Hurricane Katrina | WABE 90.1 FM

Hurricane Katrina

David J. Phillip / Associated Press

Twelve years ago, Atlanta became an unexpected home to thousands of people from Louisiana and Mississippi, who’d been displaced by Hurricane Katrina. Atlanta city officials now say they’re getting temporary shelters ready, in case some people who’ve lost their homes in tropical storm Harvey head for this region.

Noel Morris / WABE

 

After being deluged by Hurricane Katrina floodwaters, the Orpheum Theater in downtown New Orleans has sat dormant for the past 10 years, closed to the public.

Three ownership changes have taken place in that time, and an estimated $15 million has been spent on restoration.

Writer, performer and attorney Mike Molina worked with New Orleans youths in Atlanta, as part of a project he started called ''New Roots.''
Mike Molina

New Orleans native Mike Molina was living across the country in California’s Bay Area when Hurricane Katrina hit his hometown.

Seeing the storm’s devastating impact on New Orleans, he felt compelled to return to the South.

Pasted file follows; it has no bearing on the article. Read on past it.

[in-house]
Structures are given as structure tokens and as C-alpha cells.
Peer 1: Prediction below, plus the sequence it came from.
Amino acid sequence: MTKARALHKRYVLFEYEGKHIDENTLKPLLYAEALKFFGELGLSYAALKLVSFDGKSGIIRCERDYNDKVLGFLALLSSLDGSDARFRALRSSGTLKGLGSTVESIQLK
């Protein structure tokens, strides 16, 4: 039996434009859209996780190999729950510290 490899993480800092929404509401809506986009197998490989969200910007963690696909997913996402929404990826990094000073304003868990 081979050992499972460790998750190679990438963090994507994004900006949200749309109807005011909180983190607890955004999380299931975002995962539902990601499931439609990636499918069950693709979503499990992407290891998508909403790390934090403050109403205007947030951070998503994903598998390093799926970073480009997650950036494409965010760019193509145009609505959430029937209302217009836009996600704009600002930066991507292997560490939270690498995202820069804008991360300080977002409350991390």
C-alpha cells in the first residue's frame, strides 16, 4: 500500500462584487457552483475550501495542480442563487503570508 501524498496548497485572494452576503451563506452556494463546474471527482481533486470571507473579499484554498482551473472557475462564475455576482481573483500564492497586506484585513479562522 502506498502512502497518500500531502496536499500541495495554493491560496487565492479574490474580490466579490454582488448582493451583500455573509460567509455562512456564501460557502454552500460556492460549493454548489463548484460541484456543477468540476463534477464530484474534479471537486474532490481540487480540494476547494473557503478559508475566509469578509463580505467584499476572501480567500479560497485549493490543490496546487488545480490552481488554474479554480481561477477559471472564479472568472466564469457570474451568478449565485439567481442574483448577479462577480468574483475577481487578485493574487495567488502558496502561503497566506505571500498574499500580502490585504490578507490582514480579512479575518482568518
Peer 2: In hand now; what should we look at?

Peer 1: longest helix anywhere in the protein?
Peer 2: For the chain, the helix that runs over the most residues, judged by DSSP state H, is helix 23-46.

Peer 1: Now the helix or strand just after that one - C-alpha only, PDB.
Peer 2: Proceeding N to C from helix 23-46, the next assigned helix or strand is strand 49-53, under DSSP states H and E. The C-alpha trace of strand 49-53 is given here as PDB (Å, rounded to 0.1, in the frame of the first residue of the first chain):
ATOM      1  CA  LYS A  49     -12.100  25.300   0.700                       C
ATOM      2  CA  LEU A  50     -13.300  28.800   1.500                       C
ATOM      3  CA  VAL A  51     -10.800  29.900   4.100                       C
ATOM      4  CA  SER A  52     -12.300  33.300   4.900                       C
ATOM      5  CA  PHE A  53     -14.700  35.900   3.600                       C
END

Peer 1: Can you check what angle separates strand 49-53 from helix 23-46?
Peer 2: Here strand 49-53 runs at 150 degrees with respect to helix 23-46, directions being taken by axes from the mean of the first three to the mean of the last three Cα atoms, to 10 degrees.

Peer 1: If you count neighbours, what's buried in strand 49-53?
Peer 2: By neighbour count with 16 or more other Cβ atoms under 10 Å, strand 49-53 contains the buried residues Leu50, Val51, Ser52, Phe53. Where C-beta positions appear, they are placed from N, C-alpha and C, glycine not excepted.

He ended up in Atlanta, where he stayed for many years, working with displaced New Orleans youths and also performing as a storyteller.

In a conversation with Stephannie Stokes, he discussed his interactions with the young evacuees and considered how the experience influenced his writing. 

Documentary: Hurricane Katrina Was A Man-Made Disaster

Aug 27, 2015
Courtesy AmericaCrumbling.org

The destruction of New Orleans' levees are to blame for the deaths and devastation that followed Hurricane Katrina, according to America Crumbling, a movement that calls for the United States' infrastructure to be mended. 

A New Orleans home
Nick Normal / flickr.com/nicknormal

Maintaining the distinctive look and feel of New Orleans architecture had been a significant undertaking long before Hurricane Katrina hit 10 years ago.

Massive water damage sparked renewed efforts not only to save historic homes in iconic neighborhoods but also to pass along an appreciation of a home-building style described as a “dying art.”

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